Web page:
Guardian writer Carey Dunne spent a month on an organic farm with a couple who believe in chemtrails. She writes an eye-opening piece on what she learned from the experience.
"If Rob were to start reading the news, he’d discover that most mainstream reporting about conspiracists ranges from subtly to explicitly condescending in tone. Maybe this seemed all in good fun back when conspiracy theories appeared to hold no sway in national politics. But with our new conspiracy-theorist-in-chief, President Trump, it’s become counterproductive to laugh off the fact-averse as paranoid kooks, or to passively ignore their perspectives in hopes that science will inevitably prevail.
Research suggests that condescension and passive dismissal won’t help change minds – especially given that conspiracy theorists are more likely to meet the criteria for all types of psychological disorder, including anxiety, depression and being socially disadvantaged."
First, from "Traditional Burial Is Polluting The Planet. So Where Will We All Go When We Die?"
"Americans are funny about feeling like they own a 4-by-8 plot for eternity," Kate Kalanick, executive director of Green Burial Council, said in a phone interview Wednesday. "In an environmental sense, traditional burial is selfish for the impact it has. I don't think people really think about how their death affects the land or our world."
Below, From "Dissolving The Dead:"
"Dale Hilton can show you fear in a bagful of dust: 160 pounds of once-living human, pressure-cooked, baked, and pulverized into soft white powder fine enough to sprinkle over French toast. The ground bones sit in clear plastic on a counter, next to a pacemaker,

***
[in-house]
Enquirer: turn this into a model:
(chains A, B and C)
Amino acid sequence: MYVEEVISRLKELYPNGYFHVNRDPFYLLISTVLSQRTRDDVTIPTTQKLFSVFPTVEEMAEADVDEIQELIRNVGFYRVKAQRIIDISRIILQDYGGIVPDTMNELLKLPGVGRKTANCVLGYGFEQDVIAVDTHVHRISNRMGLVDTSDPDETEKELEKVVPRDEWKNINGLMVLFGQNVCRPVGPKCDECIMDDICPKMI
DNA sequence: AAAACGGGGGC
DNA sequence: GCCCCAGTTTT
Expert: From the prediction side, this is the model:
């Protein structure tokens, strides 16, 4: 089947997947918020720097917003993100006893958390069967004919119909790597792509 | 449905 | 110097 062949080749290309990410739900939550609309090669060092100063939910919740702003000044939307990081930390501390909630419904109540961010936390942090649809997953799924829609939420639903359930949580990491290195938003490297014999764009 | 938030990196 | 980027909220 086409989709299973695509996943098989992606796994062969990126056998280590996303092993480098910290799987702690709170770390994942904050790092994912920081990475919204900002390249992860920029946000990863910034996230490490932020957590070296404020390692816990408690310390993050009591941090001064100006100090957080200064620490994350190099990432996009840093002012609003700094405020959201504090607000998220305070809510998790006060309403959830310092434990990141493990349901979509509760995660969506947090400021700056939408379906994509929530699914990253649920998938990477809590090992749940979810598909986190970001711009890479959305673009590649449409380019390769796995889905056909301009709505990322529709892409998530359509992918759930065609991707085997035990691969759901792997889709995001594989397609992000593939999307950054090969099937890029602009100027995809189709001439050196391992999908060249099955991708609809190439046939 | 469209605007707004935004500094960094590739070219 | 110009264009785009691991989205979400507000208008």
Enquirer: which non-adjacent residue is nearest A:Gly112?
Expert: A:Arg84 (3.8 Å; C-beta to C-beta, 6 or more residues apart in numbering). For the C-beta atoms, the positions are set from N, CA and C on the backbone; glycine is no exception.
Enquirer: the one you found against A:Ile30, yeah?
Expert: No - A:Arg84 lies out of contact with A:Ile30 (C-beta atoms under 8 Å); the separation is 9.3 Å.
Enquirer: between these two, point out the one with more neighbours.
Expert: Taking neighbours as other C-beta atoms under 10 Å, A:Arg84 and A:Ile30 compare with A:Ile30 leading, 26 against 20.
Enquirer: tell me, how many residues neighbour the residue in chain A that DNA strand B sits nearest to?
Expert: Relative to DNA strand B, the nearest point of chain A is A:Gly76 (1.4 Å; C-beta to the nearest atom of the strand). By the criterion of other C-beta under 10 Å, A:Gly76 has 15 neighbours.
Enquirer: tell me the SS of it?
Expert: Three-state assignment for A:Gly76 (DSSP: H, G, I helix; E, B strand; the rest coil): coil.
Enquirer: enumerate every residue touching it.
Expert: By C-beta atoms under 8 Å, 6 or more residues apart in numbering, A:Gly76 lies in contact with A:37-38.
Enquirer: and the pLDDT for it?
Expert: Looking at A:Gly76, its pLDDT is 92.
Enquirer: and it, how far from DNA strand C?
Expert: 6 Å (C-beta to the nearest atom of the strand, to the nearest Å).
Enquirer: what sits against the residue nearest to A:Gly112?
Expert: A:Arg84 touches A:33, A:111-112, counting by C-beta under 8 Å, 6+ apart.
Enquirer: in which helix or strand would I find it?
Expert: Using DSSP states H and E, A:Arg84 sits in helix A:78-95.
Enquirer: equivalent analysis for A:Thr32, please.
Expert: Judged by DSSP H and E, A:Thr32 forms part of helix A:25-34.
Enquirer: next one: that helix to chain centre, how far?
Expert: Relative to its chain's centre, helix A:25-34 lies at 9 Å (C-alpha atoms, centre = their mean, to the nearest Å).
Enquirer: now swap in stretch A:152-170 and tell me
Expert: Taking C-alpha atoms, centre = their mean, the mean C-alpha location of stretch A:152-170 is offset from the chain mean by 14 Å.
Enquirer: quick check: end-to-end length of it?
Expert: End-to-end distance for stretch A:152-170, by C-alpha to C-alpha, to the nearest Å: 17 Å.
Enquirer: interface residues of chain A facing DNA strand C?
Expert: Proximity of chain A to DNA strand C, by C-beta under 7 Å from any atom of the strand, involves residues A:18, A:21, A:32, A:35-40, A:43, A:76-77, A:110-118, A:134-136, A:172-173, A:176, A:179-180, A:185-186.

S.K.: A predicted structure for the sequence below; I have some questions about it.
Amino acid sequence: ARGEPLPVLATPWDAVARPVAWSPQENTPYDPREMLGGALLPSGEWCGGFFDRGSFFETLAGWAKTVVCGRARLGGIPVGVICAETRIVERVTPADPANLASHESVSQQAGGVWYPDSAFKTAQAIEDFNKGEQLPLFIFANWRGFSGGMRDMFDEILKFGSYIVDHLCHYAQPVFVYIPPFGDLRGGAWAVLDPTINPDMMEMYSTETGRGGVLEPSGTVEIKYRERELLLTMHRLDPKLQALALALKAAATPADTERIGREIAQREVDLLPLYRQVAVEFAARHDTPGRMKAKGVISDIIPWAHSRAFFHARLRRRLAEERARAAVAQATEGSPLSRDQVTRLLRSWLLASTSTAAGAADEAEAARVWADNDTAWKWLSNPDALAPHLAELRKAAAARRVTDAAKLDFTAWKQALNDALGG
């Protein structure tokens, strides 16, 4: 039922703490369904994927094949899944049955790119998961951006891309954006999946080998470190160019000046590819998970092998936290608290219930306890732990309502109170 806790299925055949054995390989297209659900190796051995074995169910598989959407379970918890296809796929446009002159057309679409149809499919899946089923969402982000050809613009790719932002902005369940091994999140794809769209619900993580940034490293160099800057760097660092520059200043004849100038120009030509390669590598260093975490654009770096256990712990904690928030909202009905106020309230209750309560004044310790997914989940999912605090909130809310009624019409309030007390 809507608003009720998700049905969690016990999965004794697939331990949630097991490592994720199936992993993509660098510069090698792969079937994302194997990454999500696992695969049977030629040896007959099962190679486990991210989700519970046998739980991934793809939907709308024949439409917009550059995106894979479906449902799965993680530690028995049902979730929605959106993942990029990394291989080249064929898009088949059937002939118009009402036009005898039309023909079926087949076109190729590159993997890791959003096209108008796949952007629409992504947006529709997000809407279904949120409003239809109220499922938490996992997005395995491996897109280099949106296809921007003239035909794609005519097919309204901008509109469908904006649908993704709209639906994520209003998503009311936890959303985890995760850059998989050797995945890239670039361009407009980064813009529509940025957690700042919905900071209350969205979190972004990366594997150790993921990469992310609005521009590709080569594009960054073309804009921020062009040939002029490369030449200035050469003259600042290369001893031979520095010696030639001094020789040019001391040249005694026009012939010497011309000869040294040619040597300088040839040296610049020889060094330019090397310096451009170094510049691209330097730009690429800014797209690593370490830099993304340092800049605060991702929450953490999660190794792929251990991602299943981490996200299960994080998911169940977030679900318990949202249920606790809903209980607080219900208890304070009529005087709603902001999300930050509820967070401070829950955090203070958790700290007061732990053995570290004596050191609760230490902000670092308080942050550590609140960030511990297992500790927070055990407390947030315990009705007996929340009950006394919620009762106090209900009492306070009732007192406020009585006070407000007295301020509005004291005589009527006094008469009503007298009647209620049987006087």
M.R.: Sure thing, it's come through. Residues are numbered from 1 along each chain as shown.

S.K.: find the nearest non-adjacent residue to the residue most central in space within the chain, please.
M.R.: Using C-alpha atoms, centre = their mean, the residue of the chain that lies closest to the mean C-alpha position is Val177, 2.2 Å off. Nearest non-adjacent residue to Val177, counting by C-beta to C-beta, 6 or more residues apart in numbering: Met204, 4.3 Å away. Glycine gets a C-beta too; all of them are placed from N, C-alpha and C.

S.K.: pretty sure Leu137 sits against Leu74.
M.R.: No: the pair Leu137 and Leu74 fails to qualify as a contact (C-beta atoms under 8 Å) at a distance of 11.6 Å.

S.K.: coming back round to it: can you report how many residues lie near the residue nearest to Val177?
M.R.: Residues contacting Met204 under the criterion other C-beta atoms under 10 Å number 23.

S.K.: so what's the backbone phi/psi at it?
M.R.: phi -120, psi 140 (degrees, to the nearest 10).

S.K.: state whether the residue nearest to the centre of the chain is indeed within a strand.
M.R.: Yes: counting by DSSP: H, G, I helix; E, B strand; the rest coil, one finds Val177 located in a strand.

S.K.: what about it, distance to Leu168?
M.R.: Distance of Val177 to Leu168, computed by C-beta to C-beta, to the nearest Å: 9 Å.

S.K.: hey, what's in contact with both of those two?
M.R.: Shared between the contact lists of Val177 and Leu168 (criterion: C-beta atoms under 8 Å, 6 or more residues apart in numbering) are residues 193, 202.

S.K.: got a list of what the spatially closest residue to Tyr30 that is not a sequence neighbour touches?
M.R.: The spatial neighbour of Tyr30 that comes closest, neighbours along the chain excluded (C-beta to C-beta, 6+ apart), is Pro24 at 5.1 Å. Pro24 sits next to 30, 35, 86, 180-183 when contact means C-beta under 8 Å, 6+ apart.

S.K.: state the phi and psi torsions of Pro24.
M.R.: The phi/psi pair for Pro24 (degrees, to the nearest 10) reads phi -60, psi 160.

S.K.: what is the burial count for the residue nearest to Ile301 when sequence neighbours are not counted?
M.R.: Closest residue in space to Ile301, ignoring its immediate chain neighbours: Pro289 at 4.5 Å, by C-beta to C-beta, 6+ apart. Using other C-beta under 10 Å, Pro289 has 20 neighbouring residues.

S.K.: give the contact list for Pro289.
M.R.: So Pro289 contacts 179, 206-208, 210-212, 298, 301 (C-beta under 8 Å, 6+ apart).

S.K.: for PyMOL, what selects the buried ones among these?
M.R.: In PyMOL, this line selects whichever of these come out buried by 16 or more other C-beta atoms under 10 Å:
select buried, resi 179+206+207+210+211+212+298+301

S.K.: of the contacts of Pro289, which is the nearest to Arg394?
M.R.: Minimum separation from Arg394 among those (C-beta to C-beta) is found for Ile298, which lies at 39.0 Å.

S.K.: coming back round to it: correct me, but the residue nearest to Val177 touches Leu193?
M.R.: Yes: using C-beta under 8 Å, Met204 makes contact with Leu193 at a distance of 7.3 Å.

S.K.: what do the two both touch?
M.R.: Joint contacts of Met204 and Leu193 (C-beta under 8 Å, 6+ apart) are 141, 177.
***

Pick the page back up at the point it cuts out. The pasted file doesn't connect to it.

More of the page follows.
a false hip, and a pair of breast implants extracted from some of the eighty bodies Hilton has disintegrated at his bio-cremation facility in Smiths Falls, Ontario, an hour’s drive southwest of Ottawa. 'It’s a lovely product,' he says, looking proudly at his handiwork."
"In biology, a reliable guide to understanding function is to study structure. Francis Crick and James Watson proved this idea spectacularly in 1953. They inferred the key function of DNA, the molecule of heredity—that is to say, storing and copying genetic information— from its double-helical chemical structure. Half a century later Crick, by then biology's most respected sage, tried his hand at the same game, linking a structure—the claustrum—to a function—the emergence of integrated, conscious experience."
It's magnetic putty. What do you want, a reason to watch? Fine: it's magnetic freaking putty.
The legendary Canadian adventurer, storm chaser and wearer of comical horse-head masks cooks some bacon with a twenty-five-hundred degree pool of liquidized iron he makes with thermite.
Please don't look up online the really easy, simple method of making thermite then get a bucket like his with sand and try this cool and relatively safe experiment on your own. Or at least don't sue me if you lose a limb.
Recent studies have indicated that three servings of Jack Hostrawser per day may help to prevent sudden comas.